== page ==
“What we are saying is that every organisation needs a conversation,” Sibal told the national daily. “In the absence of a serious — and I don’t say introspection because that time is over — in the absence of seriously recognising what the problem is, we will not be able to come up with any solution.”

Sibal’s remarks came on the heels of a scathing critique of Rahul Gandhi by RJD leader Shivanand Tiwari who accused the Congress scion of not taking assembly elections in the state seriously. “When polls were in full swing here, Rahul Gandhi was having a picnic at Priyanka ji’s house in Shimla. This shows how seriously he took the Bihar election which was being watched by the entire nation with a hope of emergence of a new political force in the opposition. Is this the way to run a party?” Tiwari told the Times of India.

Holding Gandhi responsible for the alliance’s dismal performance in the polls, Tiwari said that Gandhi campaigned “only for three days in Bihar”.

“He [Gandhi] addressed only two election meetings per day (total six meetings in the state). PM Narendra Modi is very senior to him in age. But he had been addressing three to four meetings per day” Tiwari, who is considered close to RJD supremo Lalu Prasad, said.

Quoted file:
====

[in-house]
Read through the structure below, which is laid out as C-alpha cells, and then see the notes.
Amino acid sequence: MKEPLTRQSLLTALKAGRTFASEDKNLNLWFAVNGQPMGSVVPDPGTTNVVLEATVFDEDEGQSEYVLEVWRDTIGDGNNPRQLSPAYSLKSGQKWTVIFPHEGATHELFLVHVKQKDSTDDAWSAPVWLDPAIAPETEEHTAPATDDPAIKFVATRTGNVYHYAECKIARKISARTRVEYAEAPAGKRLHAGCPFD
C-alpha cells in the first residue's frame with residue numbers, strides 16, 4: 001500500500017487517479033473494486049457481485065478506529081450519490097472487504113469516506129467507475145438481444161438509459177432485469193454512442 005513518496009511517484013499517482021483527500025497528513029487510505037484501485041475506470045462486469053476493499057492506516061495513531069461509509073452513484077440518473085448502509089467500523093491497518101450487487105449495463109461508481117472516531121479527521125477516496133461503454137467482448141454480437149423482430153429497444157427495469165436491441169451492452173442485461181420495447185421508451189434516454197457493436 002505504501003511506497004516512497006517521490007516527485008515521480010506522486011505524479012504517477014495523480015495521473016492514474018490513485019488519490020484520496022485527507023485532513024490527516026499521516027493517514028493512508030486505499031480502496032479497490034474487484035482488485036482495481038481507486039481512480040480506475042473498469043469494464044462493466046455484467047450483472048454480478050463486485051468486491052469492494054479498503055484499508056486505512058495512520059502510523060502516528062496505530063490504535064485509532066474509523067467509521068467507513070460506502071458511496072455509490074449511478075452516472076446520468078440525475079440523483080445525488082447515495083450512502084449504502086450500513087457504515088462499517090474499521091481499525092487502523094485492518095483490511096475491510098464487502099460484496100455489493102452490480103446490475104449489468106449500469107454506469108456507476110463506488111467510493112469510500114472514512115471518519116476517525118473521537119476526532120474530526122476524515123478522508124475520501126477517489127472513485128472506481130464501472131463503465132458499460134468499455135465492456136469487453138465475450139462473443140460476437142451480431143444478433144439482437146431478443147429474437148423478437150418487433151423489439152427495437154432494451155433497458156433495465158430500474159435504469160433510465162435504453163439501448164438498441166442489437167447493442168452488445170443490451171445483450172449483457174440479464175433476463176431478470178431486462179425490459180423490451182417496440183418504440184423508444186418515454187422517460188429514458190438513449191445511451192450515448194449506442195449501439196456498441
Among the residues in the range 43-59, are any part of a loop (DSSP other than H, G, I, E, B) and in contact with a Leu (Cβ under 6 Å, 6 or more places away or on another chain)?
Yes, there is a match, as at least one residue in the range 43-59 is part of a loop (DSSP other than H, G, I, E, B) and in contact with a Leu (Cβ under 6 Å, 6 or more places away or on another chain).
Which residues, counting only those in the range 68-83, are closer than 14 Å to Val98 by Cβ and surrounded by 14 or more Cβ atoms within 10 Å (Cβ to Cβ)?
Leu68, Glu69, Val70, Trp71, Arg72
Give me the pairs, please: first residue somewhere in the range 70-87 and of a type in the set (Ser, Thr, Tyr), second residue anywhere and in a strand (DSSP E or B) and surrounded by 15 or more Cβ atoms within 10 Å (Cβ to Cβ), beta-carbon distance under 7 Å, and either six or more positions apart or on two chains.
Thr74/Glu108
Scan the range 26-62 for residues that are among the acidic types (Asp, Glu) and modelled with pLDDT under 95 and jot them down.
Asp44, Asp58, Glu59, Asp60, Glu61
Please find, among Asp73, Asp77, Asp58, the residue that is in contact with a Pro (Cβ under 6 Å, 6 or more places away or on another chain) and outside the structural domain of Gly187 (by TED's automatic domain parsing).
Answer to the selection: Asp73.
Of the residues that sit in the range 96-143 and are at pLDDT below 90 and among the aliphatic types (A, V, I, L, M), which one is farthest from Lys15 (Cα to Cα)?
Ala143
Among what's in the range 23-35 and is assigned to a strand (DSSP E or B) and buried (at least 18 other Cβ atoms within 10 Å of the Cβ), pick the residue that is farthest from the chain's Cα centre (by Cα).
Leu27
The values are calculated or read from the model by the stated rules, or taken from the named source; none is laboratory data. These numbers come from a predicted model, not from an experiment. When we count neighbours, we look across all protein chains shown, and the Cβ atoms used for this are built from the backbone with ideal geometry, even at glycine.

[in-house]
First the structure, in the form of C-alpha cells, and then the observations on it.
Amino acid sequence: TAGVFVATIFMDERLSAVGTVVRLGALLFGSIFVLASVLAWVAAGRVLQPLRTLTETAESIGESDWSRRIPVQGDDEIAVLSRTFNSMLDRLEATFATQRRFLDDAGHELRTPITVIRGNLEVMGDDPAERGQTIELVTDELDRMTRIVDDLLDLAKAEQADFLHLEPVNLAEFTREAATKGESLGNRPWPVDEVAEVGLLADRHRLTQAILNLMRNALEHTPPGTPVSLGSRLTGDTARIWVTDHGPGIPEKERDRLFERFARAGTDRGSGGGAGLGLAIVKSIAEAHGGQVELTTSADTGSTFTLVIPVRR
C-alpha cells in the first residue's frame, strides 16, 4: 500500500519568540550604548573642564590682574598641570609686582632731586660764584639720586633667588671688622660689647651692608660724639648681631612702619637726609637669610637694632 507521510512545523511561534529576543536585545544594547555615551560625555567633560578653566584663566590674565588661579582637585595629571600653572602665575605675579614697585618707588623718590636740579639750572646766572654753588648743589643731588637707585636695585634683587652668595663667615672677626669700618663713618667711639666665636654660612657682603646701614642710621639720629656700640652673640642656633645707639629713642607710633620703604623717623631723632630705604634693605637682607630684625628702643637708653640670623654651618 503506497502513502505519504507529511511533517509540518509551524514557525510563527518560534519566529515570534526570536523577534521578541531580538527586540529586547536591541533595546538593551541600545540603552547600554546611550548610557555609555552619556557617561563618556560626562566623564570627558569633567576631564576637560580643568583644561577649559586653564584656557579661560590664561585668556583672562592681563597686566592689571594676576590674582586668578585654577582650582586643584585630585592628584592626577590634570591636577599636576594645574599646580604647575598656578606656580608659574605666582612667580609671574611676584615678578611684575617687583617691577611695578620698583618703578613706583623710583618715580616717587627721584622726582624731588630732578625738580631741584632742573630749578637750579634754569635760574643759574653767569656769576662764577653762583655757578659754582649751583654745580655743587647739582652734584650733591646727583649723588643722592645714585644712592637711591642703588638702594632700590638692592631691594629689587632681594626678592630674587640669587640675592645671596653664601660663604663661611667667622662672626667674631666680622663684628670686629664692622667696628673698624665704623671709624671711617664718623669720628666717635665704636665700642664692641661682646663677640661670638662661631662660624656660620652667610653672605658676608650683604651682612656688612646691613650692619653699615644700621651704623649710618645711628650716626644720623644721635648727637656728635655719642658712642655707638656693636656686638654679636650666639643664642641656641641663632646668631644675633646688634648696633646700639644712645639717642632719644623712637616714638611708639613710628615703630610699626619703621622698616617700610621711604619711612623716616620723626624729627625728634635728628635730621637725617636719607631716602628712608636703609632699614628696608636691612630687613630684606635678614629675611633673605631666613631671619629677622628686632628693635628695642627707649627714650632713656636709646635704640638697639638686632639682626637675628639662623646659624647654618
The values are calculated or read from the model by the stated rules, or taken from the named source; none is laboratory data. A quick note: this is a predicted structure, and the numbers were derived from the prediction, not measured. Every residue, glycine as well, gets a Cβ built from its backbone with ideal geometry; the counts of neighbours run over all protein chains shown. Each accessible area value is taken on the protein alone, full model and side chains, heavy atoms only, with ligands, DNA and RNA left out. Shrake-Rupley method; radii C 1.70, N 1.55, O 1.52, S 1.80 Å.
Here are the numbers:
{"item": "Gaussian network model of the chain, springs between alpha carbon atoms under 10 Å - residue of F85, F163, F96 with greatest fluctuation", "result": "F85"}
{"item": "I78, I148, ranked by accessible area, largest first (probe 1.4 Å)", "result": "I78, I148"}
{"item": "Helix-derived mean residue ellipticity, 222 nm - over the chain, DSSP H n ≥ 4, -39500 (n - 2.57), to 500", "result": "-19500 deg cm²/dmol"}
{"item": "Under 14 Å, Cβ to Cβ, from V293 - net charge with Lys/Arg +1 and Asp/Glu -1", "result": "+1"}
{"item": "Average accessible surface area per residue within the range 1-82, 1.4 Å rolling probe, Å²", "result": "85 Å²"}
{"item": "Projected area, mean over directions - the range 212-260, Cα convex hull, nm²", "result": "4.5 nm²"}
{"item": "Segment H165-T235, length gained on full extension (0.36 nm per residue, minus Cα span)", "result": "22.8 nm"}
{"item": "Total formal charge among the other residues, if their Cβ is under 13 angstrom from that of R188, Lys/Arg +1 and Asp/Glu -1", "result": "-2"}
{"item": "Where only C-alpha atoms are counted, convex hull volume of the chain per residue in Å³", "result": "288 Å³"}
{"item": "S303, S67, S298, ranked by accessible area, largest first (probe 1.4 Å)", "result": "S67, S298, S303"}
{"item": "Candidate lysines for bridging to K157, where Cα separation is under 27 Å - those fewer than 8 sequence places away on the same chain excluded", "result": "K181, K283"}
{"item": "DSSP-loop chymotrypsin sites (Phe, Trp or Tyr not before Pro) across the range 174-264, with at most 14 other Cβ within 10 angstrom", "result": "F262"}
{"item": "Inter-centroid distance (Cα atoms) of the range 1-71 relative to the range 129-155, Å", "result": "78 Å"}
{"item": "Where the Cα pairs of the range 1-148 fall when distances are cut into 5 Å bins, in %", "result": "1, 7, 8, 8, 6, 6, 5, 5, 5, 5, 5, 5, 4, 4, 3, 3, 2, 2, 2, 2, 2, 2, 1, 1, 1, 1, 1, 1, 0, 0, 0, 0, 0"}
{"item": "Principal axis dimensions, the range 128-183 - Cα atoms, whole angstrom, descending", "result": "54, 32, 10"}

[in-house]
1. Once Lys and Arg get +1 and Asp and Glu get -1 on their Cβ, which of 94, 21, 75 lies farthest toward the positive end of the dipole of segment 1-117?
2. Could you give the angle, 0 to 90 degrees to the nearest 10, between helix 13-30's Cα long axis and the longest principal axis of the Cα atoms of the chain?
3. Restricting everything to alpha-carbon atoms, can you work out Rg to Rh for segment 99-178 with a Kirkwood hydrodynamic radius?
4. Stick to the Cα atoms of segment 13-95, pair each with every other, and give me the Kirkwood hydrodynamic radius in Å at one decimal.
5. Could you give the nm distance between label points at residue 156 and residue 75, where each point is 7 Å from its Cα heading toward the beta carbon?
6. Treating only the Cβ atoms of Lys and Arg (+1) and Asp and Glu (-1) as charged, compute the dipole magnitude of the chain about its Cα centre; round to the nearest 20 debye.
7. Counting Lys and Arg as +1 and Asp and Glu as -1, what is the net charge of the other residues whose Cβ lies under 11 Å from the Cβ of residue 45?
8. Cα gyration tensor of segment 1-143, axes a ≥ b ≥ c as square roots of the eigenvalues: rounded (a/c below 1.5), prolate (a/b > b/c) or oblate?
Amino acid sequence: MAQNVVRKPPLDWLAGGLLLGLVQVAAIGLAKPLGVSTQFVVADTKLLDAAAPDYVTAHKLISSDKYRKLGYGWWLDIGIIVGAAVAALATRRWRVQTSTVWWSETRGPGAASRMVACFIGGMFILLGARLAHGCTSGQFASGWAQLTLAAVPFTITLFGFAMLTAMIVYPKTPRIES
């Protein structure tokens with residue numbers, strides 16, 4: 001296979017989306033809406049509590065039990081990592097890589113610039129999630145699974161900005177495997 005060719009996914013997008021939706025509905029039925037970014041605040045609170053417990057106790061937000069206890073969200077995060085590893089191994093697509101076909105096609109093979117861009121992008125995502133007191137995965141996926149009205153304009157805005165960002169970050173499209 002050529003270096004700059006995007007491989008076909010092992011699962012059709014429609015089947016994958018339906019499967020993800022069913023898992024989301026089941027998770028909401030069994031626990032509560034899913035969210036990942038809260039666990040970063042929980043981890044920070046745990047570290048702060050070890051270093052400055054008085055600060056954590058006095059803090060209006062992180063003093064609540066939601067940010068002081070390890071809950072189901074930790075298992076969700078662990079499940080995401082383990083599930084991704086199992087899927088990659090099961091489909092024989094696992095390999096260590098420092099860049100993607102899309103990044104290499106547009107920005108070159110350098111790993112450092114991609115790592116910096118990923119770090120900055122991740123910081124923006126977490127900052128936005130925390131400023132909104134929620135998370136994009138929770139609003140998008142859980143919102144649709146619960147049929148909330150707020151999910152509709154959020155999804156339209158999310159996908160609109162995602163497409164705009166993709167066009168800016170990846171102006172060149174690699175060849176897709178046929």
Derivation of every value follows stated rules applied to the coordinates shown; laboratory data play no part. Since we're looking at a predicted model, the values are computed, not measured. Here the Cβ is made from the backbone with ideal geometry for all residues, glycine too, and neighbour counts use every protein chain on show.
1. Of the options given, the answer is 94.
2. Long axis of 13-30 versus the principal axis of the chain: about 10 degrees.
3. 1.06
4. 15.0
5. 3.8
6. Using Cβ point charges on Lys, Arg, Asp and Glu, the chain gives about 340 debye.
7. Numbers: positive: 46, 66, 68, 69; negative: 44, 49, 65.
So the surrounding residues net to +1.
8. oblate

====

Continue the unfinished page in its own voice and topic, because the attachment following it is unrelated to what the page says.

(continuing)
“They [Congress] had fielded candidates in 70 constituencies. But they did not hold even 70 election meetings. This again shows how serious they were about the Bihar polls,” Tiwari charged. “Even Priyanka Gandhi did not come for campaigning in Bihar election which was being watched by the entire nation with a hope,” he said.

Senior Congress leader and general secretary Tariq Anwar also lamented that the Bihar poll results were “definitely below” the party’s expectations and that a delay in finalising seat sharing arrangements for elections had negatively impacted the Mahagathbandhan’s electoral performance.

Anwar also acknowledged that there were shortcomings owing to which the party performed worse than other ‘Mahagathbandhan’ constituents.

“There was an environment of change with enthusiasm among the common people for it, but we could not exploit that. We had the expectation that with the Congress fighting on 70 seats, it would win at least 50 per cent of the seats,” Anwar said.

(Courtesy: The Wire)